I’m certainly not going to jump to any conclusions here. The point is that teams emphasize certain metrics more than others. I’m sure this changes team to team, and that there are teams out there that are hyper-focused on stopping the offense from moving the ball and accumulating yards. This particular defense, however, didn’t.
Does this mean that the 2016 Chiefs defense emphasizes points against and turnovers versus yardage? No, not at all. But they could. Just food for thought.
Alrighty then. That’s done. How’s about the Chop?
The Saints complaining about home cooking is laughable. Just goes to show how biased teams and fans can really be, right?
That said, I think we can all agree that the NFL has become a bad product. Just terrible. Here’s how I’d fix it:
- Allow no more than 3 weeks of Thursday Night Football. – Because of an overly saturated market, poor match-ups, and not enough time for a team to truly be prepared to play high-quality football.
- Eliminate games in London forever. – This morning game is bad for fans and bad for teams. It’s ONLY good for the league lining their pockets.
- Flex the best game of each week to Monday Night Football, starting Week 4. – Give it a month to see who is good, and then start making sure your biggest game is hyped, and shown weekly on MNF. MNF used to be an event. Now it’s just more bad football.
- Disband the Competition Committee – They’ve ruined the league.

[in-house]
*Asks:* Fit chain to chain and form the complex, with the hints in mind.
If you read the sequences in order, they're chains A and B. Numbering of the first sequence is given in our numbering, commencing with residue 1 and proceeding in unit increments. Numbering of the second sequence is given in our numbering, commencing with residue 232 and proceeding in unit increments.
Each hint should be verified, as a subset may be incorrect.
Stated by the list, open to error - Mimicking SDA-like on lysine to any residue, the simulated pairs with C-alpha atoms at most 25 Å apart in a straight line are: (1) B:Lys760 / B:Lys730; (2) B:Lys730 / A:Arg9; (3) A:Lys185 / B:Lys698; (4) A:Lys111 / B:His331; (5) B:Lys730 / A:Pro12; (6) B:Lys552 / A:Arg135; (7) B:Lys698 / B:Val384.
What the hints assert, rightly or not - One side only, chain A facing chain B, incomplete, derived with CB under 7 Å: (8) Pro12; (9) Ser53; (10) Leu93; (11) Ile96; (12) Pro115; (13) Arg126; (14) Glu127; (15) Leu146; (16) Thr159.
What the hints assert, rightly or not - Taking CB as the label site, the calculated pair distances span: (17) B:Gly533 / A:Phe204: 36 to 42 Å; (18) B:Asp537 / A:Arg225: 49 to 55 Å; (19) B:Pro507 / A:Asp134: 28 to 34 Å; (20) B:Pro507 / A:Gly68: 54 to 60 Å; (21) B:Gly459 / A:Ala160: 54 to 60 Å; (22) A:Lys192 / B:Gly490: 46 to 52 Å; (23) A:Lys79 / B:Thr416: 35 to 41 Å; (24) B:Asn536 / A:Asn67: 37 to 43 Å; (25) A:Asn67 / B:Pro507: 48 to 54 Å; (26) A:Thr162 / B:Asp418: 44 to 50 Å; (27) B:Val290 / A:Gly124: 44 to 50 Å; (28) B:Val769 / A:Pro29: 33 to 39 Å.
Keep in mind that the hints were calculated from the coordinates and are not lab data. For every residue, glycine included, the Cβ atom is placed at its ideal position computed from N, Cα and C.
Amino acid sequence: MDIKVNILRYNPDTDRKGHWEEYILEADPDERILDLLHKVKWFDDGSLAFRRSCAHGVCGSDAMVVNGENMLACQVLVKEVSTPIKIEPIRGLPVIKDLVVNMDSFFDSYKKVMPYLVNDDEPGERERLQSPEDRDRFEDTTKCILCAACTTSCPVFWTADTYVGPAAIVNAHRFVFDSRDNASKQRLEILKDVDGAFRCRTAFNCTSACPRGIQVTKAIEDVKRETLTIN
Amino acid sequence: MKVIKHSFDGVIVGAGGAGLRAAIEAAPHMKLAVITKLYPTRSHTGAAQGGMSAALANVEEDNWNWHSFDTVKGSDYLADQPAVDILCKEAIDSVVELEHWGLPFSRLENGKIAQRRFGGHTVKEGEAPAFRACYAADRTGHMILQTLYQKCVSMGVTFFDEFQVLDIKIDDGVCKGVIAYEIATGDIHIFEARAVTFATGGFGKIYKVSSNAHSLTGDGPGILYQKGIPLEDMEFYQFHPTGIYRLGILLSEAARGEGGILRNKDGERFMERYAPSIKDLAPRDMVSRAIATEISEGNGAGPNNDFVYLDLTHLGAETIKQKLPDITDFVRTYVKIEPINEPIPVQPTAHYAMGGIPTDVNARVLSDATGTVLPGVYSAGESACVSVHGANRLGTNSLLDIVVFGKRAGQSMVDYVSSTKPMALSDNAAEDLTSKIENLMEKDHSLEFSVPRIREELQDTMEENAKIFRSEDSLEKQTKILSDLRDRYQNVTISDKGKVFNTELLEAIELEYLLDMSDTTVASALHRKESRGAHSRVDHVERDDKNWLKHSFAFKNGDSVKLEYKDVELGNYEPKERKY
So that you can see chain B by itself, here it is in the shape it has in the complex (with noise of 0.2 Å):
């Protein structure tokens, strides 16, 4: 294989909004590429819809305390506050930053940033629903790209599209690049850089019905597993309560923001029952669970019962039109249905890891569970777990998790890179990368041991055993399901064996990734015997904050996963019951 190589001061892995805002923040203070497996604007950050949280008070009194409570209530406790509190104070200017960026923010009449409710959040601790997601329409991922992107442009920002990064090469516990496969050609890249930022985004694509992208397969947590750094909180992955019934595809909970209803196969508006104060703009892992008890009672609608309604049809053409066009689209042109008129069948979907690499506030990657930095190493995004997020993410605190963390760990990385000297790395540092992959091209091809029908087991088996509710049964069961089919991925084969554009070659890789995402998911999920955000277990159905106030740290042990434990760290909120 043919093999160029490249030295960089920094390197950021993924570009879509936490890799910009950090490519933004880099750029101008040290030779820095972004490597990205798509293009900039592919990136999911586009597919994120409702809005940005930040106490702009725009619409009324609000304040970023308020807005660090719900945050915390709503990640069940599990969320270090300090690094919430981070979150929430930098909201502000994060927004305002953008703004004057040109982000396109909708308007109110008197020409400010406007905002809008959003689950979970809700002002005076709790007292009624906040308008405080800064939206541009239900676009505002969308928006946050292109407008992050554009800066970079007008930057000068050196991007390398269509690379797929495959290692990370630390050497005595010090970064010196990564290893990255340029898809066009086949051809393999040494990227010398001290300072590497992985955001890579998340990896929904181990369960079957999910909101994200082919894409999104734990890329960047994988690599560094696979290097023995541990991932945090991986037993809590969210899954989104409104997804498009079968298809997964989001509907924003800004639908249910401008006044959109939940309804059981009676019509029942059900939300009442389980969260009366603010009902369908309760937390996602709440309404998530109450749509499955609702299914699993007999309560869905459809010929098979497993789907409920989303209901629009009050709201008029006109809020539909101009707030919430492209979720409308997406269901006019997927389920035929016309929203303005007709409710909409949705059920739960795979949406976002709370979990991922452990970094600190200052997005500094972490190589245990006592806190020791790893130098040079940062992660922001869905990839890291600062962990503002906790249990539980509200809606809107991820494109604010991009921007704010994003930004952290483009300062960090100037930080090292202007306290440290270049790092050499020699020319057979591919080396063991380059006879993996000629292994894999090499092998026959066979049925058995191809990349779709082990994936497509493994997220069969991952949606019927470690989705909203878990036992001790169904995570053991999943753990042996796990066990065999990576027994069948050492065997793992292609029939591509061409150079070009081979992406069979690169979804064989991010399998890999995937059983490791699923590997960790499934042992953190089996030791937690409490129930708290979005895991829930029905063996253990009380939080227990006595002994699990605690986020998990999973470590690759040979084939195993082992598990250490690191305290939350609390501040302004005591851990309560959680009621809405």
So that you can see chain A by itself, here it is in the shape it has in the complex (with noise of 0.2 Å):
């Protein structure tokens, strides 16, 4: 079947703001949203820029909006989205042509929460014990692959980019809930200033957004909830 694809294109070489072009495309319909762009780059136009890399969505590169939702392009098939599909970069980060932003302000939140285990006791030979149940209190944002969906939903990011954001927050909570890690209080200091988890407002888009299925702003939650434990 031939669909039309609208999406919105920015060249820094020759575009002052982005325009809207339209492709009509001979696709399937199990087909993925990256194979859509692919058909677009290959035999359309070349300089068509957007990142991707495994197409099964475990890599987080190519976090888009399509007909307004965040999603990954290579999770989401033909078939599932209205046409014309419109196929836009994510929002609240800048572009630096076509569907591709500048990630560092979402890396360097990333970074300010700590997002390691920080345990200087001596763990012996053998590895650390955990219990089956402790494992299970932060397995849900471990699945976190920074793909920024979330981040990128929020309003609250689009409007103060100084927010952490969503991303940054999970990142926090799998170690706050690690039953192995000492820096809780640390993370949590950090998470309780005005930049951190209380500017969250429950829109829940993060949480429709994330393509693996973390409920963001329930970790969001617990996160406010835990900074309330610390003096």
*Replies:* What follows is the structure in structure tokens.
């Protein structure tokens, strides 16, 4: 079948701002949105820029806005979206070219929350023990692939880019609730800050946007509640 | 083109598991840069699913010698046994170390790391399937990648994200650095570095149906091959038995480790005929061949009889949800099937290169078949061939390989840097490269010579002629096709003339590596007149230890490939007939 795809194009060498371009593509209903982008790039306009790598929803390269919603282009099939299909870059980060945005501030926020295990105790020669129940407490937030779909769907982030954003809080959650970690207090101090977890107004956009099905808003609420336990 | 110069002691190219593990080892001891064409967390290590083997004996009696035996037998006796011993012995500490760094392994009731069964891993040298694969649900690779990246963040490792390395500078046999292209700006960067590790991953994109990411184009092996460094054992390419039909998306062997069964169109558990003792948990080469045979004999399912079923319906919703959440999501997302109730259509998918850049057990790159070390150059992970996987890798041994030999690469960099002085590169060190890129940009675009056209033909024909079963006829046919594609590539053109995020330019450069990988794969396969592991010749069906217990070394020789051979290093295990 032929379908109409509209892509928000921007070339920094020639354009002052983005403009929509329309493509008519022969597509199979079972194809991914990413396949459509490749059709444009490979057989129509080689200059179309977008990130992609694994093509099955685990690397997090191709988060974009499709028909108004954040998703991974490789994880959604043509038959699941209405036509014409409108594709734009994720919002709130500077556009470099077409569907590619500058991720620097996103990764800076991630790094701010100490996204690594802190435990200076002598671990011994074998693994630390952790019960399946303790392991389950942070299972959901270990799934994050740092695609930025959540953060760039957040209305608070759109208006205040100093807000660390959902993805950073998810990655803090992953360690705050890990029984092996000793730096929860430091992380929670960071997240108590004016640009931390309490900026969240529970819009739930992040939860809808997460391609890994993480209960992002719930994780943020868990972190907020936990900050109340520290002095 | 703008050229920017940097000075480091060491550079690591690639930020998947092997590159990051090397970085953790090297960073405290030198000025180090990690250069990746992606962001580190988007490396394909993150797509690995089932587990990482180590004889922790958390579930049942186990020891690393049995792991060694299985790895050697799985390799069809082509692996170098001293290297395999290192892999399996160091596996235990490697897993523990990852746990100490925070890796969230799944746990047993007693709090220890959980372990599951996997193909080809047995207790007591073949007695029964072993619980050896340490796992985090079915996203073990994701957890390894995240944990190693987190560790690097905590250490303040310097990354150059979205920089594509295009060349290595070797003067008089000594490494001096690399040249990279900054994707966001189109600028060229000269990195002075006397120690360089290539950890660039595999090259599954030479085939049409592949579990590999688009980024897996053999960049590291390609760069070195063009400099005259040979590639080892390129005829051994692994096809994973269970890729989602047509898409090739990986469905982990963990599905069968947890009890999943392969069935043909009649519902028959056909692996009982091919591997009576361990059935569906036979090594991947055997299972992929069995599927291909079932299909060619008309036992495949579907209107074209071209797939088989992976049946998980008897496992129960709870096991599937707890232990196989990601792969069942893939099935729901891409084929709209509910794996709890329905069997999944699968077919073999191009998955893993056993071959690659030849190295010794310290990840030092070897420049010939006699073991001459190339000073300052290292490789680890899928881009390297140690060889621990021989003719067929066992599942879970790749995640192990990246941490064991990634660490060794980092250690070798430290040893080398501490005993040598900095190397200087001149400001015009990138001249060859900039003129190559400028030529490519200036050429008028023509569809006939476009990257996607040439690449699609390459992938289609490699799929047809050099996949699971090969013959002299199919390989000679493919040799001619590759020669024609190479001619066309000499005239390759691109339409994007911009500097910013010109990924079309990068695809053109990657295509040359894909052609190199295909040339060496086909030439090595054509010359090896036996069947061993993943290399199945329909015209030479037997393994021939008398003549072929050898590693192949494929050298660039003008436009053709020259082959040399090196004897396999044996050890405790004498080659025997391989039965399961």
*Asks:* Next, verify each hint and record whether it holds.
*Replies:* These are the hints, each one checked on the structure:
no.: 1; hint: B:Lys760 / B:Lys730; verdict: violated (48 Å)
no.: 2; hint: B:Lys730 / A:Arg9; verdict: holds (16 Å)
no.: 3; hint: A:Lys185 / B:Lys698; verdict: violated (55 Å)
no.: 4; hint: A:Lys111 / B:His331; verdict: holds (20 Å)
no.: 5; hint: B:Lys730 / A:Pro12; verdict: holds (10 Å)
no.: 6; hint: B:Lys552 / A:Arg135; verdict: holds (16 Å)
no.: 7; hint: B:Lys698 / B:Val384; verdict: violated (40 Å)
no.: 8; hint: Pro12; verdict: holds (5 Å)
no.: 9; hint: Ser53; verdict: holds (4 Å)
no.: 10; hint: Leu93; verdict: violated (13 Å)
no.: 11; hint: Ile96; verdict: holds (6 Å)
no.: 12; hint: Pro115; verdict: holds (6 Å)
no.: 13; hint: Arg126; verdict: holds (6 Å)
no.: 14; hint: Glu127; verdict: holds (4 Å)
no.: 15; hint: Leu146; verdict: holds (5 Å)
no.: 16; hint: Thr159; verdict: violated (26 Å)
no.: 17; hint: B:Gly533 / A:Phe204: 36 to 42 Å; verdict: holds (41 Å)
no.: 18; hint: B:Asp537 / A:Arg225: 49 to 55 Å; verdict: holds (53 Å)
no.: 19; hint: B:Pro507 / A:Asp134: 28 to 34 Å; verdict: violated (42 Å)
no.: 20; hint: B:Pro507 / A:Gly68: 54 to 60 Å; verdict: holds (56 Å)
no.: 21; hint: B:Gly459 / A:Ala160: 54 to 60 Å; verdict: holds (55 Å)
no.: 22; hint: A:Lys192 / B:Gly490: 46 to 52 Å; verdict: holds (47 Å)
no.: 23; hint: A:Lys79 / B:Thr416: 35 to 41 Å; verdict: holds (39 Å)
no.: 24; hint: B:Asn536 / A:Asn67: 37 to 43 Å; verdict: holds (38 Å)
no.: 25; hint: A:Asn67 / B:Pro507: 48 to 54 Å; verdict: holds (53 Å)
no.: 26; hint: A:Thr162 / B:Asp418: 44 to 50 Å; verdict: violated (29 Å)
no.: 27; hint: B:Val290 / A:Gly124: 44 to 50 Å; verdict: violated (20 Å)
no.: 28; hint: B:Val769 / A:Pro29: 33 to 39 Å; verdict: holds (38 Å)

- Have a third party review all rules, define them all, remove what’s not working, etc. – I’d suggest a panel from NCAA Football.
- Hire full-time officials and employ “bubble” players, and ex collegiate players to create a year-round training schedule using real-time, in-game scenarios. – Create an environment where rules are constantly thought through, applied, and tested prior to jumping into the big show.
What would you do?
Surprise Upset of the Week
I am so glad I was wrong last week, and I really appreciate none of you hanging me out to dry for my pick. In fact, it sounded like the Saints made most of you nervous. That’s why I’m convinced you’re all just as nervous this week as the Chiefs head to Indy to play those rascally Colts. Not picking the Chiefs to lose this week, however. Instead, I’m going to be much, much bolder:
The Viking’s deficiencies are about to catch up with them, and this week they get figured out by the Chicago Bears. Yep. Chicago beats Minnesota this week at home 24-17. Book it.
Sh*t My Dad Said
No unreasonable outbursts from Pops last week, other than the small tirade directed towards Demetrius Harris after his big drop. And, he wasn’t wrong to be upset. I really like Harris, he plays great on special teams, is tougher than I expected him to be as a former basketball player, and he has shown the ability to make a catch and turn upfield. That said, he’s got to make that catch. I have seen a trend with Harris and dropping important passes. Not every catch is equal, and good players make the catches that mean the most. Let’s hope DH can overcome these big-catch demons, as I think when he does we could have another solid player on our hands.
That’s it this week, guys. Until next week.